Remember, it's not the size...
Quick hits from Friday/Saturday AM
“There is no scintilla of evidence related to 90 percent of those kids listed in the Sports Illustrated article that they did anything wrong,” James said. “That’s the way it’s going to turn out, I believe. It’s just irresponsible reporting.”
- The University of North Carolina expects to get their Notice of Allegations from the NCAA in June, stemming from the issues that surfaced last summer. This says two things to me; either UNC’s situation is really significant and it’s taken a long time to root it out, or Ohio State has done a great job at working with the NCAA to address the issue (discovered in January/NOA a few months later).
- The big news yesterday was the SEC’s decision to change their recruiting guidelines. First, the good- Medical exemptions will be reviewed at the conference level (say goodbye to Dr. Saban’s practice). Also, transfers of graduate students will not be allowed if they only have one year of elligibility remaining (No more Jeremiah Masoli to Mississippi situations). Finally, they’ve opened the door for a “national conversation” rather than just a “conference by conference”. More on this in a bit.
- And now, the bad- The conference voted to reduce the “signing cap” from 28 to 25. While this was hailed as big news, the fact of the matter is that a team with only 10 available scholarships shouldn’t be able to sign 25 student athletes- as our friends at Oversigning.com point out. Huge kudos to their work- it’s only because of media pressure that this is even being discussed.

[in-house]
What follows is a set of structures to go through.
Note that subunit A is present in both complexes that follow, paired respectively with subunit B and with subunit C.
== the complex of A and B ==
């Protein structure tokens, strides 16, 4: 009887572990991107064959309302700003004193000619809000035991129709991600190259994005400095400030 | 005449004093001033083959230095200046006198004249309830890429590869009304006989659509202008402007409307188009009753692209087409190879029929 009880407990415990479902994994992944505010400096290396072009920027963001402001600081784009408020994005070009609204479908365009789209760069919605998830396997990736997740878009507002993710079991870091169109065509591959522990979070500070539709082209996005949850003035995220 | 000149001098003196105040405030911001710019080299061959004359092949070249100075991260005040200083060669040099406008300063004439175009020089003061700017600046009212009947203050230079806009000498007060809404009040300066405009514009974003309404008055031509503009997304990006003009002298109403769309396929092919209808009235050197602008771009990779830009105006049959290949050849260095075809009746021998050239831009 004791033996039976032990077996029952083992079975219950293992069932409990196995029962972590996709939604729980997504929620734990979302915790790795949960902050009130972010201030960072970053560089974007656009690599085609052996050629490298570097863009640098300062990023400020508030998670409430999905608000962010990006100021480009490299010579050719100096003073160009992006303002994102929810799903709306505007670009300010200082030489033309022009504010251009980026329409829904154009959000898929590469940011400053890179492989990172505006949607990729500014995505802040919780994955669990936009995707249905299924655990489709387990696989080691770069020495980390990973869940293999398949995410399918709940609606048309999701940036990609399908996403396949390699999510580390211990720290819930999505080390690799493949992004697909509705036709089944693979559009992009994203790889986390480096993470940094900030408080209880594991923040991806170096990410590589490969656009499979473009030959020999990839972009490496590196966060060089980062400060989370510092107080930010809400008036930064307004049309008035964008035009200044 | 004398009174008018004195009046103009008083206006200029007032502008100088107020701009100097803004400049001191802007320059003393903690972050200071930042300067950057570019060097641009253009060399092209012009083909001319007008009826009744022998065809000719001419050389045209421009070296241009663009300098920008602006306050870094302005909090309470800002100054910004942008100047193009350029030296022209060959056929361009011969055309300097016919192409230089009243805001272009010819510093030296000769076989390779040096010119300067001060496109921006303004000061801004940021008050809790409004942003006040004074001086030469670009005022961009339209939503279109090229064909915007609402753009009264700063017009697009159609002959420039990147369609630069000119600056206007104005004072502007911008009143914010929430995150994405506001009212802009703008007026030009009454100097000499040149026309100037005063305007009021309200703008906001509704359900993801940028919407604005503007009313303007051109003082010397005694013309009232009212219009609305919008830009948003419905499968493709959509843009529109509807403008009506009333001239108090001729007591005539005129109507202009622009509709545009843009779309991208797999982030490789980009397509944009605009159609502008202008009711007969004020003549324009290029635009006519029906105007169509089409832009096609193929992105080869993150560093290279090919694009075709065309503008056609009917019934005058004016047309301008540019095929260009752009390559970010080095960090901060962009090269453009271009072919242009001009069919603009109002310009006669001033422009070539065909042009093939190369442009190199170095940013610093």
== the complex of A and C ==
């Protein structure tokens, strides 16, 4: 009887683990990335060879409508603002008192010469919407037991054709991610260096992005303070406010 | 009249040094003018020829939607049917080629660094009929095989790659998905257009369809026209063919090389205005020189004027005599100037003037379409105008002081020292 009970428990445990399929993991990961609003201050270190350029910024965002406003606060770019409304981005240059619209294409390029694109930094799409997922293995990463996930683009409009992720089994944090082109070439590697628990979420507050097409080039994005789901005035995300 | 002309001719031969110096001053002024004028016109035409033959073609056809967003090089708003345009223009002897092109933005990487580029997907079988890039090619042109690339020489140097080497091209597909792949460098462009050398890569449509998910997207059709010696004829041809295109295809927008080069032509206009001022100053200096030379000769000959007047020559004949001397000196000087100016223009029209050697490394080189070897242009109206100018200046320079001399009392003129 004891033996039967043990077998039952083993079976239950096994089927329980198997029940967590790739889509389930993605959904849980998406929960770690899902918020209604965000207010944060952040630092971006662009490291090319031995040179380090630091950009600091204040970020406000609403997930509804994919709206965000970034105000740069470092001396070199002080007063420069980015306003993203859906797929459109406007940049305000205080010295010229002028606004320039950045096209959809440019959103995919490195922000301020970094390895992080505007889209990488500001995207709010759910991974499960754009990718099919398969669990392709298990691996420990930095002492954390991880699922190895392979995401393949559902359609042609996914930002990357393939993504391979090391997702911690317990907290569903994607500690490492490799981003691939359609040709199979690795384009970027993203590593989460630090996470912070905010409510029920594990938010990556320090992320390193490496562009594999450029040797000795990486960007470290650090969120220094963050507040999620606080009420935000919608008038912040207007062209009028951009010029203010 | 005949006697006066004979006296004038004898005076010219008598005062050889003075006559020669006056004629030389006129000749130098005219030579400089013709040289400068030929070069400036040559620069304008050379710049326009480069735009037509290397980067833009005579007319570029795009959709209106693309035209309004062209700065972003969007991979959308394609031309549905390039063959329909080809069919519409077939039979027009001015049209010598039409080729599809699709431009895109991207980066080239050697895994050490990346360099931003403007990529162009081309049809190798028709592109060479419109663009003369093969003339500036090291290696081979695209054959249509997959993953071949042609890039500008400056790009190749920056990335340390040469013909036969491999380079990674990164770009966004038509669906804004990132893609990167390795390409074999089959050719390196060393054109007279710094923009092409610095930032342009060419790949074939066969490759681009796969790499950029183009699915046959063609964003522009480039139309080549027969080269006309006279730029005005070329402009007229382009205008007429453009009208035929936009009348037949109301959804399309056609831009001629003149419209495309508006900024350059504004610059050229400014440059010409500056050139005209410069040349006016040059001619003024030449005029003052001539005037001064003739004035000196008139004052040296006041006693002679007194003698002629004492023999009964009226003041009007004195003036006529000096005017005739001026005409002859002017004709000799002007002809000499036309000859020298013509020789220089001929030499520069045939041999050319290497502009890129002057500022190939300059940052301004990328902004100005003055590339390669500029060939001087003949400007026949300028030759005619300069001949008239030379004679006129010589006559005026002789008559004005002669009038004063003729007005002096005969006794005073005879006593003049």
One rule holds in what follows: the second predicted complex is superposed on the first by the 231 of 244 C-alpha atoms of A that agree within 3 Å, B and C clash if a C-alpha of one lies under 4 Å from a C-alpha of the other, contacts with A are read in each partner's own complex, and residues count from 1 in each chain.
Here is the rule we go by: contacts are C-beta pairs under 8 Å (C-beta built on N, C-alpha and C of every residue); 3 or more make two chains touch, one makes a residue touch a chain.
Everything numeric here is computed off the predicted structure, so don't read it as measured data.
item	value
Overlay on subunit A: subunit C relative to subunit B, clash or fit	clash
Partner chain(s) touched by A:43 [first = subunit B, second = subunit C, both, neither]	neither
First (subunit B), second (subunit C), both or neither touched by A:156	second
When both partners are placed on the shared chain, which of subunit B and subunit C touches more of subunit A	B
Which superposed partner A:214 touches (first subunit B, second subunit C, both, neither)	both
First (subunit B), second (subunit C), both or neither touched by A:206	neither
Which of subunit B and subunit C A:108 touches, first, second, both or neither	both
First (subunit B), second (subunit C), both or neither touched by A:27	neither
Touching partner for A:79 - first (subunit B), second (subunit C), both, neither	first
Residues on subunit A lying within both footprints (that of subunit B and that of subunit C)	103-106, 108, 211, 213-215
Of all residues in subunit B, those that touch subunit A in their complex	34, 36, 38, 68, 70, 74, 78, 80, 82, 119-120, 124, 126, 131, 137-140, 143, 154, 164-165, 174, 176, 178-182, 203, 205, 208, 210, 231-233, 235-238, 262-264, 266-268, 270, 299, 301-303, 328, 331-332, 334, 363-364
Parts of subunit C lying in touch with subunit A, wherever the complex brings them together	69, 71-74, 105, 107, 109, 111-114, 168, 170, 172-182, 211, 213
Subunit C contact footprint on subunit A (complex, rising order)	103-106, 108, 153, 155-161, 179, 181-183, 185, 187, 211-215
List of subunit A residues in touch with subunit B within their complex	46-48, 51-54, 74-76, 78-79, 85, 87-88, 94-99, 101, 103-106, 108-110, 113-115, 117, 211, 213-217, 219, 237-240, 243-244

- Jeff Shultz from the Atlanta Journal Constitution agrees that the SEC’s “decision” is mostly just PR:
Let me translate: Coaches now have a lower limit as to how unethical and morally reprehensible they can be. Feel better? This was sort of like the real SEC passing a rule: “We recognize that insider trading is a problem. So we’re going to cap profits from said illegal transactions at $2.7 million.”
- And for your daily dose of arrogance:
“So I’m very pleased that the league is where it is today, and I’m proud of the step we’ve taken really in a leadership role nationally to deal with this bigger concept of roster management.”
Actually, the leadership role in this was taken in 1956, when the Big Ten banned signing more recruits than a team had openings for. Fifty five years ago.